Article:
There are many things in these chapters that I had not thought of before. Like, where are these subconscious memories stored? Can we have more importance put on a situation than we realize? Kids get into a lot of trouble many things getting broken in a number of ways for a number of reasons. But, why is it that these case studies remembered these particular incidents? Where were these memories preserved? Are their emotions (feelings of hate toward their new siblings) preserved with the memories? Are they semantic memories? There’s lots to be answered with this interesting subject. I didn’t realize how lucky I was being the younger sister of two older brothers!

Terms: Episodic Memory, Depths or Level of Processing, Distinctiveness, Relational Processing, Retrieval Mode.

I chose to read chapter 19, “Gender Differences in the Recall of a Close Relationship.” The chapter begins by introducing us to research done using married couples and their recall of past events in their relationship. This information is important because it can help us understand more about our partners, our relationships and ourselves.

Sixty couples that had applied for a marriage license in 1984-1985 participated. The experiment asked the couples to recall the following memories from their past: their first date together, their last vacation together and a recent argument they had. During the recall process, the couples were either alone or together. In one recall period the couple discussed together, the events while the researcher was not present. In the other together experiment the researcher was present in order to study the impact of their differing perspectives of their memories and the process of the ways in which the couples came to an agreement of past experiences. Participants also completed a series of questionnaires. The chapter discussed the various responses to the questionnaires using a 6-item scale.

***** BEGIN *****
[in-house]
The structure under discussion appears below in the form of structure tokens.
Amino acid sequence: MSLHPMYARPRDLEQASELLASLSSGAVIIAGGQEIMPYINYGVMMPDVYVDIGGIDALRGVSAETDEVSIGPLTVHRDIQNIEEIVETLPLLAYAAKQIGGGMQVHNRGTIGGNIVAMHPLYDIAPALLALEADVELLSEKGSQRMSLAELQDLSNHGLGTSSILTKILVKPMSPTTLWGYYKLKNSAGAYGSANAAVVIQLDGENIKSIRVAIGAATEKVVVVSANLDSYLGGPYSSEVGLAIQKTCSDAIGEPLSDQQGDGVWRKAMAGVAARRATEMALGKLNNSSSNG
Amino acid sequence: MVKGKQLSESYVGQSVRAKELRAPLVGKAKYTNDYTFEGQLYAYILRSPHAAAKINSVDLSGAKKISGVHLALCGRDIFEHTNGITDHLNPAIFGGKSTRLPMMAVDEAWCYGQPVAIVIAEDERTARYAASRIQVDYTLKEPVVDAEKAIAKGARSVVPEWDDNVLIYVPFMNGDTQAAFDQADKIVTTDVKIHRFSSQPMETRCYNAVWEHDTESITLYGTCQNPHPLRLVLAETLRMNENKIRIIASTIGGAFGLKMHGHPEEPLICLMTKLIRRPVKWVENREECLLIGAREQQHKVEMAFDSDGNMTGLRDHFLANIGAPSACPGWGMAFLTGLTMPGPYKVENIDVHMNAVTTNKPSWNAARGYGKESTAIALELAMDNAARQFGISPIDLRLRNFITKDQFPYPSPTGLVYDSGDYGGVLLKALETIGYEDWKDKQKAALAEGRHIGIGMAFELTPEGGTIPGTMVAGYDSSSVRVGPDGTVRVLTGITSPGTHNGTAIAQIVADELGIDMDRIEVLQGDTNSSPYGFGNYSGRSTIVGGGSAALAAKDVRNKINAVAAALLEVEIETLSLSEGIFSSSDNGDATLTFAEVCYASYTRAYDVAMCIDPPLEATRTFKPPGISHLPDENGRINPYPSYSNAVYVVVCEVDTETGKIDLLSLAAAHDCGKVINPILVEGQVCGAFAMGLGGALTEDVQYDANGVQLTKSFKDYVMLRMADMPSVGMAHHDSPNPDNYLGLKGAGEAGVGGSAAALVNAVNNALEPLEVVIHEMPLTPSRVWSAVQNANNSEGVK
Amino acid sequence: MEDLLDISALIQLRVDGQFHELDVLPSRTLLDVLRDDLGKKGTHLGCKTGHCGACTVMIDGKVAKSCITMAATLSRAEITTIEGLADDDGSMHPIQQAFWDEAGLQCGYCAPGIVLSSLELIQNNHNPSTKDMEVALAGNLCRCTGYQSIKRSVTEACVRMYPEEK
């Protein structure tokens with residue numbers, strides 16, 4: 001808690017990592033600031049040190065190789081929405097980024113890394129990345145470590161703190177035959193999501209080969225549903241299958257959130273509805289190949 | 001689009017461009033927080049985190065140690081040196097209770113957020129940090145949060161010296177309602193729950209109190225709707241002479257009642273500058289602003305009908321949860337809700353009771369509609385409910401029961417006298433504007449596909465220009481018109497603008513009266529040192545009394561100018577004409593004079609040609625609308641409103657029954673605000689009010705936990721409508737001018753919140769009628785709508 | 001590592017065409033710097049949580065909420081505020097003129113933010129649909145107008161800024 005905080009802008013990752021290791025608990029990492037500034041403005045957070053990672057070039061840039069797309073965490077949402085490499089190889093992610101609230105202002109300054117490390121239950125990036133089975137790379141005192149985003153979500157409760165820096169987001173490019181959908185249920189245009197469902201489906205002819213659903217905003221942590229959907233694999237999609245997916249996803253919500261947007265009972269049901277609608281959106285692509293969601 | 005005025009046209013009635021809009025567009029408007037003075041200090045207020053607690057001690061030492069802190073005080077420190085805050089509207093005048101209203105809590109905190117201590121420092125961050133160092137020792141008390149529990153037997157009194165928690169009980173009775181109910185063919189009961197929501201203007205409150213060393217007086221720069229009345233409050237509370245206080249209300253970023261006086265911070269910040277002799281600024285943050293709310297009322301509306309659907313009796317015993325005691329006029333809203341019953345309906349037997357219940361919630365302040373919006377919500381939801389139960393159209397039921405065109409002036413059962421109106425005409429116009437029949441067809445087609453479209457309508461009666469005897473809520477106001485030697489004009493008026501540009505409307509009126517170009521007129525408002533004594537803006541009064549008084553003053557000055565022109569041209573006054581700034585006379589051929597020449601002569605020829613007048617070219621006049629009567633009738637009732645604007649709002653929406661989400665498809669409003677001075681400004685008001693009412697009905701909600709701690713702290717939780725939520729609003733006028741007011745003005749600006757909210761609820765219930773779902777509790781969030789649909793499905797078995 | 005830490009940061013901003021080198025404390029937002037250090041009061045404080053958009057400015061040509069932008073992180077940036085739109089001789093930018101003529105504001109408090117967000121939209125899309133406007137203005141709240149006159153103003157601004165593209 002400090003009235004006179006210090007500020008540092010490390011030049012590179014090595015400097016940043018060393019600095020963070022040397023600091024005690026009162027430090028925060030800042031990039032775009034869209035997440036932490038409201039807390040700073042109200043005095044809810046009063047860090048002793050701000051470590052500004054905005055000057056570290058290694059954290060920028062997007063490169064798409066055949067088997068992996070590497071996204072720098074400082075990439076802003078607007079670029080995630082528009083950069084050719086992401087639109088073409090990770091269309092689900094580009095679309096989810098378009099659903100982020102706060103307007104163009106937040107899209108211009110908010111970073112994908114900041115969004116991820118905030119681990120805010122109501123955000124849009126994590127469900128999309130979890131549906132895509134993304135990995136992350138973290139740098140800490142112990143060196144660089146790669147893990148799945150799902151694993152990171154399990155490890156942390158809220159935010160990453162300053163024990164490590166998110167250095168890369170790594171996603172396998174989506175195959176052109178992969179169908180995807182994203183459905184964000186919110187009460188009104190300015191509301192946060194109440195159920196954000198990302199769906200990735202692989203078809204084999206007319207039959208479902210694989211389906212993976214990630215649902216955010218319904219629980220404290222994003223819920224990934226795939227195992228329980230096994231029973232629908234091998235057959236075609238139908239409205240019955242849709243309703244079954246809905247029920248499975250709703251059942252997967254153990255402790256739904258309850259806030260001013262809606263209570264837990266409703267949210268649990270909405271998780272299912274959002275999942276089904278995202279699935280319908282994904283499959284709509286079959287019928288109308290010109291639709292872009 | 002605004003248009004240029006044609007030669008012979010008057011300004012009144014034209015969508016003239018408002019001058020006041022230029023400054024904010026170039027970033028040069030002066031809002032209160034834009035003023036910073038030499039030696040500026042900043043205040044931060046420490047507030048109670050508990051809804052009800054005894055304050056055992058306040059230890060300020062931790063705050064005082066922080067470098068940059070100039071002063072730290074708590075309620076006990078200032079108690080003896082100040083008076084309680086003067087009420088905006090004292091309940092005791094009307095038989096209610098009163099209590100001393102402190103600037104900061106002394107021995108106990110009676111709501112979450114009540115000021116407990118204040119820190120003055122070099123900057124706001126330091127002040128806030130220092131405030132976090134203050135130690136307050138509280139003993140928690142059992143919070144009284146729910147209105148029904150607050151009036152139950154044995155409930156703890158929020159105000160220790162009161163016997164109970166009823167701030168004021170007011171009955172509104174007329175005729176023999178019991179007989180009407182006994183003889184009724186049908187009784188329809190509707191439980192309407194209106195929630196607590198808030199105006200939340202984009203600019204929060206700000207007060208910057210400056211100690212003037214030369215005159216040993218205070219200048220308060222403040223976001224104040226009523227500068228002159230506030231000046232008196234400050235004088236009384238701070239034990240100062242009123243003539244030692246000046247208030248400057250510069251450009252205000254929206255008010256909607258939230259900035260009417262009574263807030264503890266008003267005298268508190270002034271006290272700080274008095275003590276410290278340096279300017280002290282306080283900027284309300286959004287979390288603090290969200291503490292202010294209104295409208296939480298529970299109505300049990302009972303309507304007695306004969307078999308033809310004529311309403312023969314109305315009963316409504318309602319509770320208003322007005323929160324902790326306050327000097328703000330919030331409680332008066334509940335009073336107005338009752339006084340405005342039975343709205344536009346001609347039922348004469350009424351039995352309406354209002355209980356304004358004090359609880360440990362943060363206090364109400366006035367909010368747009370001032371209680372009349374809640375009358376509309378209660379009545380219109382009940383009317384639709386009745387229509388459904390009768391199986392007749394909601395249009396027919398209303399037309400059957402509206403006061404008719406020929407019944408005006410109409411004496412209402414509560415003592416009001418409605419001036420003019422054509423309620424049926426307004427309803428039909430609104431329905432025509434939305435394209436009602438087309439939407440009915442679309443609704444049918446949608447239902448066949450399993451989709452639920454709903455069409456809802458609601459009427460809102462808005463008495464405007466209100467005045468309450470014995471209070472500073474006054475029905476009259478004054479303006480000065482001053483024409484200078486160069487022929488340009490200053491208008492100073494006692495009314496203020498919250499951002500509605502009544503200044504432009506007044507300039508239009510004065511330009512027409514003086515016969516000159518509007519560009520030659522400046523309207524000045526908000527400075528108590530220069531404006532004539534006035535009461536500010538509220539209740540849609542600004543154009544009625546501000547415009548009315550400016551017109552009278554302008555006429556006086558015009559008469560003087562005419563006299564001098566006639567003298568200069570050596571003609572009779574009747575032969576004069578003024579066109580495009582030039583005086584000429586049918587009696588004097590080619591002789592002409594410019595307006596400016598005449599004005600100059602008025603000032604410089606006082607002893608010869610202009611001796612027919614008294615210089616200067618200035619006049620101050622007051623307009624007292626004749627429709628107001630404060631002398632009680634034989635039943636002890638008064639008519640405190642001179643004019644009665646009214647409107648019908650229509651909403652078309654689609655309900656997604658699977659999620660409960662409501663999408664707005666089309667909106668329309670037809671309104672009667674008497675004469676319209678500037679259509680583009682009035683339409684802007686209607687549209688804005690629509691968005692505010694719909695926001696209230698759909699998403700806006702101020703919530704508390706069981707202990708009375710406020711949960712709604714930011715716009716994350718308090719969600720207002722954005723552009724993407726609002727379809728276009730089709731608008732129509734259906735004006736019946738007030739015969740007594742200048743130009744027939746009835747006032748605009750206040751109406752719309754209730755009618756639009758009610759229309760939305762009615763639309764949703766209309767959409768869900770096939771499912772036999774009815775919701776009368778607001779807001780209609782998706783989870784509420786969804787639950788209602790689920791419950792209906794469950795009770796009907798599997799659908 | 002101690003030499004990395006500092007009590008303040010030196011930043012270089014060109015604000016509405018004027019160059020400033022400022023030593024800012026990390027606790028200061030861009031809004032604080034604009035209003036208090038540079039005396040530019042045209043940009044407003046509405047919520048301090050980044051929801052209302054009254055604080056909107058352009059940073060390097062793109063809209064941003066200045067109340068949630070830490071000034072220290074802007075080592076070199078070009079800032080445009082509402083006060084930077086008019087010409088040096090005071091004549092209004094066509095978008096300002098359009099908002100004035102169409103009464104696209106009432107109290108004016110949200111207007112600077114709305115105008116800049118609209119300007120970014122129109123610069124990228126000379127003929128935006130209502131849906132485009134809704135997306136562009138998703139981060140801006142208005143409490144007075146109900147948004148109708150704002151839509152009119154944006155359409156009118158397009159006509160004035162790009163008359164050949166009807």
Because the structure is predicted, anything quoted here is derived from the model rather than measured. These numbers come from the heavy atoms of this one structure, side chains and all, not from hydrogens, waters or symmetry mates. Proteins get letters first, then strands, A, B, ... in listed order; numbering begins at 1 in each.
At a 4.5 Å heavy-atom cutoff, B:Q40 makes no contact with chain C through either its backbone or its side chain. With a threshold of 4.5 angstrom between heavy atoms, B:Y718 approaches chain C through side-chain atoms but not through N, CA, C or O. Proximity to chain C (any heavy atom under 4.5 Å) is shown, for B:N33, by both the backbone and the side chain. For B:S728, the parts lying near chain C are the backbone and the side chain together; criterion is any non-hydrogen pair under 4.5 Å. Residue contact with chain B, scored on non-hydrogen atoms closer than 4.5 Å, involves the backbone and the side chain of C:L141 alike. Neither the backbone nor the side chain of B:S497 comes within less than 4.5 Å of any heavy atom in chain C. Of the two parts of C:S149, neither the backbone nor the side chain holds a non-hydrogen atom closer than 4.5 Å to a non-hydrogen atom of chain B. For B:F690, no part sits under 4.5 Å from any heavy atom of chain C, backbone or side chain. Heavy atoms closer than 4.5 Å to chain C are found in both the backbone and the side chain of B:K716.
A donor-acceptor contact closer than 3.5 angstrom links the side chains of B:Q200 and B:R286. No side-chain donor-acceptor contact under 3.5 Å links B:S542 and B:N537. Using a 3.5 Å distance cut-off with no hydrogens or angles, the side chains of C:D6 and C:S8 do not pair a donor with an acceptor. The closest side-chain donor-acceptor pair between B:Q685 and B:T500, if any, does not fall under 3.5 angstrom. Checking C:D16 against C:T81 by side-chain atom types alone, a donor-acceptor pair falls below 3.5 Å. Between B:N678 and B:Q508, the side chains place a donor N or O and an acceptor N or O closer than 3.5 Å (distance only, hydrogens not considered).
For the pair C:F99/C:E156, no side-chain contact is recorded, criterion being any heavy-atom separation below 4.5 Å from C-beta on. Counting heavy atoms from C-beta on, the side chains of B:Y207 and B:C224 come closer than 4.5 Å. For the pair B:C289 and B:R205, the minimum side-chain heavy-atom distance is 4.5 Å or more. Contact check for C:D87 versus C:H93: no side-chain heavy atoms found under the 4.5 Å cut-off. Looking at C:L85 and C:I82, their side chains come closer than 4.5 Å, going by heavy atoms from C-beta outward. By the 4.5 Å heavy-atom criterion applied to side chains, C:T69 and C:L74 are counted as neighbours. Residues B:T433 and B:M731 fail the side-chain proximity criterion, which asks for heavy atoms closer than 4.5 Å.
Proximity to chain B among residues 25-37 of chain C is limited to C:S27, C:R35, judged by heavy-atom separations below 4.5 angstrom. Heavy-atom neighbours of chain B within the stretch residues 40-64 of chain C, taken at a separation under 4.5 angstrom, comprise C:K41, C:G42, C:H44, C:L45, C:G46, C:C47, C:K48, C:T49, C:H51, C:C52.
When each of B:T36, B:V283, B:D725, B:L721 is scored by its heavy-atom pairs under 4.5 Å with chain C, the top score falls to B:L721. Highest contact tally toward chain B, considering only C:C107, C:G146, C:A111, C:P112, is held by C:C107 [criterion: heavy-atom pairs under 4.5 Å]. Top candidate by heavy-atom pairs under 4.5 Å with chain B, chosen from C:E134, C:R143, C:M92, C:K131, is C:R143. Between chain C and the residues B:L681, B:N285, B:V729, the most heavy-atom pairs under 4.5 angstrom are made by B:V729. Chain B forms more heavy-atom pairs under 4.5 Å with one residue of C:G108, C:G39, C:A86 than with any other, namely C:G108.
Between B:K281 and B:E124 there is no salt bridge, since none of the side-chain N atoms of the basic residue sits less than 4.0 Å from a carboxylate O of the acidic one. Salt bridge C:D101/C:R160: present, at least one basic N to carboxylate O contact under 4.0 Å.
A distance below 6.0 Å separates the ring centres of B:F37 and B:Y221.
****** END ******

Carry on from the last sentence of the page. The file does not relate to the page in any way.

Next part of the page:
The results indicated that the women reported more detailed and vivid memories and the 3 events compared to the men. The couples were better at recalling events together compared to when they were alone. The couples were more likely to have forgotten the events when they answered the questions together. Males also reported more memory failures than did the females. However when separated no gender differences were found.

The findings that report low memory recollection when the couples were asked questions together related to the concept of ‘transactive retrieval’. Transactive retrieval involves one spouse eliciting information from the other. The evaluation process indicated that both the men and women reported that females have better recall of details of past experiences than do men.

Research finds that women recall more details about intimate relationships because our culture perceives women to be more concerned with interpersonal relationships and the feelings of others. The study suggests that women are more likely to view past events as important and were more likely to reminisce about the events.

According to the reading there are possible explanations to these findings but the explanations are inconclusive. One possible explanation may be that women are relationship experts. Women tend to have a more defined, complex understanding about relationships than men do. Another explanation a may be that the men in the study happened to be older than the women and because age influences vivid memory recall, the men were less likely to remember detail; although there seems to be a lack of support.

Our culture defines gender roles; women tend to be viewed as homemakers and responsible for children and the family. Thus they are more attuned to the feelings of others. Little research has been done to conclude women’s memories are “better” than men’s. Due to the lack of research done in this area, women’s recall of vividness is still unknown compared to men. The reading was sure to note that accuracy for recall of events is NOT the same as vividness.

The chapter ends with a brief discussion of autobiographical memory. It is difficult to assess whether an individual was right or wrong when giving an autobiographical account because the memories are subjective and about the individuals personal experience.

I thought the chapter was interesting. It presented variables that are largely understudied . I know very little about married couples in respects to memory but would like to learn more.